Gold and natural gas are two commodities that have been making headlines recently—although they have been moving in different directions for different reasons. I think short-term corrective moves in both markets may be in order, and may have already begun.


Gold reached an 18-month high on September 11, 2009, with December COMEX futures hitting $1,006.40 an ounce. Gold has now risen four straight weeks. If you are a gold bug and are not yet in the market, I wouldn’t fret about missing the move too much. I think gold should face a slight correction that will give you an opportunity to buy at lower prices. The March 2008 record high at $1,033.90 has faced challenges, but I think that high should hold for now as strong resistance. While gold has been quite strong, it’s important to be aware of some potential pitfalls in the near-term.

According to an article in Bloomberg, gold held in the SPDR Gold Trust, the largest gold-backed ETF, reached a record 1,134 tons on June 1 and was at 1,077.6 tons as of Sept. 11, overtaking Switzerland as the world’s sixth largest holder of gold. Assets in ETF Securities Ltd.’s exchange-traded products climbed to a record 8.22 million ounces (255.6 tons) on Sept. 11. This might sound bullish on the surface, but a sudden break in the gold market might send these investors rushing for the exits. It’s also not out of the question that the IMF will sell some of its gold to central banks because of the troubles in Europe, as a way to prop up their coffers.

U.S. dollar weakness has also been supporting gold’s gains, but a rebound could also trigger gold market profit-taking. The ICE U.S. Dollar Index futures, which tracks the dollar against a basket of six global currencies, is approaching support at 76.00.

Jewelry demand has been slack this year, so gold’s growth has been driven by investment demand. At least for the short-term, I recommend selling this market anywhere above $1,000, with a stop at $1,017. I think we will get a correction down to $950. If you are a gold bull, I think you will get a chance to repurchase around $950, and put a stop at $934.

Even though I’m a long-term bull on gold and commodities in general, I think in the short-term, traders should watch for a corrective move lower. Current levels are a logical spot for profit-taking from a technical standpoint. On the weekly chart, I see the market approaching a double-top.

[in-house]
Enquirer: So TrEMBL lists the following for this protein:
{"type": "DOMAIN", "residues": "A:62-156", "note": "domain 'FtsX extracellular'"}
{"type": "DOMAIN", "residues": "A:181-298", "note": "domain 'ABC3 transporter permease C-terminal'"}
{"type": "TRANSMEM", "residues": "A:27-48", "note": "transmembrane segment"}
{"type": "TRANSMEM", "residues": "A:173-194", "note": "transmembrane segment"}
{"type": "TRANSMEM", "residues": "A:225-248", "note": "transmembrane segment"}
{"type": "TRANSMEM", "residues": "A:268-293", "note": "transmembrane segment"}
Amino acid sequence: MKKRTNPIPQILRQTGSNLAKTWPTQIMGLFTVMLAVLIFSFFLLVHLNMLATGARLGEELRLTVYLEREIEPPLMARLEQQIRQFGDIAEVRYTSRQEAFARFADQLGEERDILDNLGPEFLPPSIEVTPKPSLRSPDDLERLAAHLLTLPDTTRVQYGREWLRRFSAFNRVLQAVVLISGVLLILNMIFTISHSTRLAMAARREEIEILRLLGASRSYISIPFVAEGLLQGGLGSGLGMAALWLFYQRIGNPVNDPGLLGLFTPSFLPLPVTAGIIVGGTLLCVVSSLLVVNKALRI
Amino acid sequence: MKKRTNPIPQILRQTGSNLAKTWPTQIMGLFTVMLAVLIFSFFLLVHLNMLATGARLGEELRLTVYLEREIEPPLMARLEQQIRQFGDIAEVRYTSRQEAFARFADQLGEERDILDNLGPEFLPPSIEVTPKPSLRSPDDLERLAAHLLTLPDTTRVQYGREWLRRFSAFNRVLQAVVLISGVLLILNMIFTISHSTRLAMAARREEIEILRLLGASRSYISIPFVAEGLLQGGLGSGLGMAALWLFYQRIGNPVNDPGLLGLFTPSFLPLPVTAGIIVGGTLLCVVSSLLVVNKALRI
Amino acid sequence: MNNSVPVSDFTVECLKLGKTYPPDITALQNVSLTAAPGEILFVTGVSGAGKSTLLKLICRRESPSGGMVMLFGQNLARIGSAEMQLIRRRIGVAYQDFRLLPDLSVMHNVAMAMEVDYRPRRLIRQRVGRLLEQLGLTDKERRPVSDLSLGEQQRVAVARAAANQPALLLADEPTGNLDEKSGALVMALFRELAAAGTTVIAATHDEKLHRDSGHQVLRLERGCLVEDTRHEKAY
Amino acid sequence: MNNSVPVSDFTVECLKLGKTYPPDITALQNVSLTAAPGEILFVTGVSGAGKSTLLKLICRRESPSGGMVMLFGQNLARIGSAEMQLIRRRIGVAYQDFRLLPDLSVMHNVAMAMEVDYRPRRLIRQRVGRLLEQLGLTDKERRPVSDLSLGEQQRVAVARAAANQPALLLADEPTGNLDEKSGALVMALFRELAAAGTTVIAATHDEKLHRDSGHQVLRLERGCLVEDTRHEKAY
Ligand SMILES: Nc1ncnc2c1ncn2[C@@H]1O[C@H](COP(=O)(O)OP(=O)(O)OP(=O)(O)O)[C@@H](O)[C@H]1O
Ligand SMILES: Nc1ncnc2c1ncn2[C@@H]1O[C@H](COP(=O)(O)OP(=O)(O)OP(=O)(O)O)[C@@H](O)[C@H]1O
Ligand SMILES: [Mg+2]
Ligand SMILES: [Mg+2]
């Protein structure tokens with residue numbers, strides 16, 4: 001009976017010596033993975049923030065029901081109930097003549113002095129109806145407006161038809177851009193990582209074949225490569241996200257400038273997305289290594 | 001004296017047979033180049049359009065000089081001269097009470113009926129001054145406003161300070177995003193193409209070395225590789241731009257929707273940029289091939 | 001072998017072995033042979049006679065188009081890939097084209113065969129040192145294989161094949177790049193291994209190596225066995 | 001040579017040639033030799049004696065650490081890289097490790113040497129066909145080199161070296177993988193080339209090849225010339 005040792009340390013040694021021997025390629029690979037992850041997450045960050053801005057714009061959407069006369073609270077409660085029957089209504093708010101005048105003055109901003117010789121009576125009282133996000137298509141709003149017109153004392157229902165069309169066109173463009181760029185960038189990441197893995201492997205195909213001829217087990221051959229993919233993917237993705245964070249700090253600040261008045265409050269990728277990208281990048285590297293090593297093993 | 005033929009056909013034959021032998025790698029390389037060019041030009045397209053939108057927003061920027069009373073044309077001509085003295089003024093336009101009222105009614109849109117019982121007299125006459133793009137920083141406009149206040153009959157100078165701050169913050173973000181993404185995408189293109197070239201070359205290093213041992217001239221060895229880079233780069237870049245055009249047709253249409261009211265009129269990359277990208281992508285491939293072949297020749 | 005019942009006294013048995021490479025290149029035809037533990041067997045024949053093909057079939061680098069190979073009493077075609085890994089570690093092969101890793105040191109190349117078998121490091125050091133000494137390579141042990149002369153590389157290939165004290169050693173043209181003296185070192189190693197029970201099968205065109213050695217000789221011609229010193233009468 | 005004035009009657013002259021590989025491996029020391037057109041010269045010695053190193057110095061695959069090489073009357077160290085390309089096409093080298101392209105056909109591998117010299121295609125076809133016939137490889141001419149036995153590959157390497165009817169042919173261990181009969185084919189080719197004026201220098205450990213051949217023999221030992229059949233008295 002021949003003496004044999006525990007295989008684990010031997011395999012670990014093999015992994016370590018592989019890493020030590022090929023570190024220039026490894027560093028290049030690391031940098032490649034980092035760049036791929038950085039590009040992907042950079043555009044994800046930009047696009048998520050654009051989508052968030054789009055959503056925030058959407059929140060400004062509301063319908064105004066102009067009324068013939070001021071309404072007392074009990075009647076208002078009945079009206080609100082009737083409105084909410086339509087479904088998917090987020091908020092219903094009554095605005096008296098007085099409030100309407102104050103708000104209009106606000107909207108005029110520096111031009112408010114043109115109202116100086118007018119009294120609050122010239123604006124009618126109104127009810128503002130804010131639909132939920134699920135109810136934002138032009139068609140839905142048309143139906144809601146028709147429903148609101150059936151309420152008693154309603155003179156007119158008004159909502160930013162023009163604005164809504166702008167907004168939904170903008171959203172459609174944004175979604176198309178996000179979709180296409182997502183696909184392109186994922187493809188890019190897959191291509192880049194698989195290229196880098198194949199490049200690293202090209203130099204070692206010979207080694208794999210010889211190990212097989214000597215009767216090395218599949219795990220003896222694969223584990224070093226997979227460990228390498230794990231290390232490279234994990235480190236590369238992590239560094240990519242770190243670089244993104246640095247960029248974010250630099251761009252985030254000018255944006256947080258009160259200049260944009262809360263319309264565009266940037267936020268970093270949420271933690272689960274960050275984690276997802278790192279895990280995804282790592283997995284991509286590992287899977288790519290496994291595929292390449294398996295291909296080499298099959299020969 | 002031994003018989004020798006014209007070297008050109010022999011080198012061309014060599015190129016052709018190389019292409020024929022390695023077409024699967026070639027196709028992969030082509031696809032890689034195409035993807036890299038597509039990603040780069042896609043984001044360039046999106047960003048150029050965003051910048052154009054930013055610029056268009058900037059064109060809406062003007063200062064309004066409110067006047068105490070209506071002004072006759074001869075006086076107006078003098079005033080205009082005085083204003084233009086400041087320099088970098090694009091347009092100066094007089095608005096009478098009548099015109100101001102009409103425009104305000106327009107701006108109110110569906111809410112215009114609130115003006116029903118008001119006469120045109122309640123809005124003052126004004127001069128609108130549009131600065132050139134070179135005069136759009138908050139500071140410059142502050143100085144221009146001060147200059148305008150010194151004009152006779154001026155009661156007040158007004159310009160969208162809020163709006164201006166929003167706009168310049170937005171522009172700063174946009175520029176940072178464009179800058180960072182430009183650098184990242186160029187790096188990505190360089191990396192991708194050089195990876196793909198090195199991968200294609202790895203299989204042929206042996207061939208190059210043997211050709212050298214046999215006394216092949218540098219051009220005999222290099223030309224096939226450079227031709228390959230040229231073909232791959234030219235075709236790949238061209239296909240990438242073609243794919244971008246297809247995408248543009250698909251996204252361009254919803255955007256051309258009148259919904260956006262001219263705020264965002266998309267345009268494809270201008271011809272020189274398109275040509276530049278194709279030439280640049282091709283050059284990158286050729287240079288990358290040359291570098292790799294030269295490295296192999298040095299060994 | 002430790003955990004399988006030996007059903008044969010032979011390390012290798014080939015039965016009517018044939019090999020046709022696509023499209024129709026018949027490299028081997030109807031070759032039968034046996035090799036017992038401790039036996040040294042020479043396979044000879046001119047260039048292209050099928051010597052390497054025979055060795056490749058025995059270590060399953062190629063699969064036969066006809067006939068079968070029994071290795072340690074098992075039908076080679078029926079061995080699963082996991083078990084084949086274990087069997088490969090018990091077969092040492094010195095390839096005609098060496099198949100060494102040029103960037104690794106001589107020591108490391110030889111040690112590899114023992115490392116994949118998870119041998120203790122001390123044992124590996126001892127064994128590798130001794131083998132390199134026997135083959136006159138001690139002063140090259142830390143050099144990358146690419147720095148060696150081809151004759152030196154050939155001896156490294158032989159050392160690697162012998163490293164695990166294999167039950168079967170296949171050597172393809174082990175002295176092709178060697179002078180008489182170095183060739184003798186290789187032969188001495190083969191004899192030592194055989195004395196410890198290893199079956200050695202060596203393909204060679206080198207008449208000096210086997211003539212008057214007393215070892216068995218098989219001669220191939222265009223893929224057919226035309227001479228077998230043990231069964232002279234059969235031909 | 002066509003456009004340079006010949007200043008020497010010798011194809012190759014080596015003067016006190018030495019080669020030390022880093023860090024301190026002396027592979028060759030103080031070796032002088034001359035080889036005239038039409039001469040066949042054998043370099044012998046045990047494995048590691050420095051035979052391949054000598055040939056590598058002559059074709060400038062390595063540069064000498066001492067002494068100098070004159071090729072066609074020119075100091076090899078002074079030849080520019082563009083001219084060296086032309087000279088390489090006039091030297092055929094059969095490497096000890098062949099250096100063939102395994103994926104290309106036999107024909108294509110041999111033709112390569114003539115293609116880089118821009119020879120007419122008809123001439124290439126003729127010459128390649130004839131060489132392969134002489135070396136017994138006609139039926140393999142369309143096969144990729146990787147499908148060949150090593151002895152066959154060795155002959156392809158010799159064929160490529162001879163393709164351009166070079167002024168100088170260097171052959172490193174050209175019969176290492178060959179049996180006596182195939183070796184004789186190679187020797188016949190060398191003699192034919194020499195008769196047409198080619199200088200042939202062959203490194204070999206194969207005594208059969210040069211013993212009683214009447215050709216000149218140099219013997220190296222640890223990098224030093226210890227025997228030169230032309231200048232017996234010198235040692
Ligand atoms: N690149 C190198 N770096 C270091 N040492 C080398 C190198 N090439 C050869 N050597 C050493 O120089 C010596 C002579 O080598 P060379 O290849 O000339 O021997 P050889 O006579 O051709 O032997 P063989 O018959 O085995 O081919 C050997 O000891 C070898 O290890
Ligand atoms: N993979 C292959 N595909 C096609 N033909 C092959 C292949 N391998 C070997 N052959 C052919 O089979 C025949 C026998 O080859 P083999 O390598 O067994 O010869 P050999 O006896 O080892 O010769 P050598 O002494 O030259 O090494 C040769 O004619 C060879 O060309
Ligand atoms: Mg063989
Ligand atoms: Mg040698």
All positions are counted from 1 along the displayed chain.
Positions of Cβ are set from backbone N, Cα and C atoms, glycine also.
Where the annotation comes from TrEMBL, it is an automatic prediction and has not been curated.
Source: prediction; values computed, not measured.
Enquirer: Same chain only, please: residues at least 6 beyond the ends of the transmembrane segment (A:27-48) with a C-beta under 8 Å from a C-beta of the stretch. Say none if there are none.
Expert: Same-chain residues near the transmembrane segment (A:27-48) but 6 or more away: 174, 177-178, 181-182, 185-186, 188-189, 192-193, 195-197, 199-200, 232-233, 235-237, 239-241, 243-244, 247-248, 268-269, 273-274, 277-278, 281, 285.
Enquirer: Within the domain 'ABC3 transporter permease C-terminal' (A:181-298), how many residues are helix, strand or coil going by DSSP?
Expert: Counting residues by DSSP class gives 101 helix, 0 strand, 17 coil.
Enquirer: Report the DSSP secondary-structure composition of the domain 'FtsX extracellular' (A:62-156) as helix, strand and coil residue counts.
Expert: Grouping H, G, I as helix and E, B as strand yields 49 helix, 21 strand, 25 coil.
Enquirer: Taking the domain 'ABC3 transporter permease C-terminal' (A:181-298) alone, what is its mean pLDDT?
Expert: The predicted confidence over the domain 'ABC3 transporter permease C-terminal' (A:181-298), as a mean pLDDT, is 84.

Natural Gas

Yes, we have boatloads of natural gas and the supply glut has driven prices down sharply this year. The front-month contract slid to about $2.50 MMBtu, hitting 7 1/2-year lows, and everyone had given up on natural gas. But I think that’s the time you start getting interested. NYMEX natural gas futures market bounced off a trendline and saw a sharp move higher on Monday, September 14, closing up more than 11 percent.

U.S. Natural Gas Fund (UNG), the world’s largest natural gas ETF, announced it will begin selling new shares under “limited circumstances” beginning September 28. That means they will likely have to come back into to the futures market as this fund invests in both NYMEX gas contracts as well as swaps, driving up prices. I would recommend buying October futures around $3, and put a stop at $2.76.

The October natural gas futures are pretty cheap at around $3.297 right now, but the market is pricing in higher prices out in time, as the December futures contract is trading at just a little under $5. For the front-month contract, I think $4 is a reasonable target. Don’t underestimate a short squeeze. We might even be able to get to $4.50. Winter is approaching and this UNG announcement could send the shorts scrambling.


Please feel free to contact me with any questions you might have about these or other markets, and to develop an appropriate trading strategy for current market conditions.

Carol Hurley is a Senior Market Strategist with Lind Plus, Lind-Waldock’s broker-assisted division. She can be reached at 866-790-4371 or via email at

Futures trading involves substantial risk of loss and is not suitable for all investors.

Past performance is not necessarily indicative of future trading results. Trading advice is based on information taken from trade and statistical services and other sources which Lind-Waldock believes are reliable. We do not guarantee that such information is accurate or complete and it should not be relied upon as such. Trading advice reflects our good faith judgment at a specific time and is subject to change without notice. There is no guarantee that the advice we give will result in profitable trades. All trading decisions will be made by the account holder.

© 2009 MF Global Ltd. All Rights Reserved.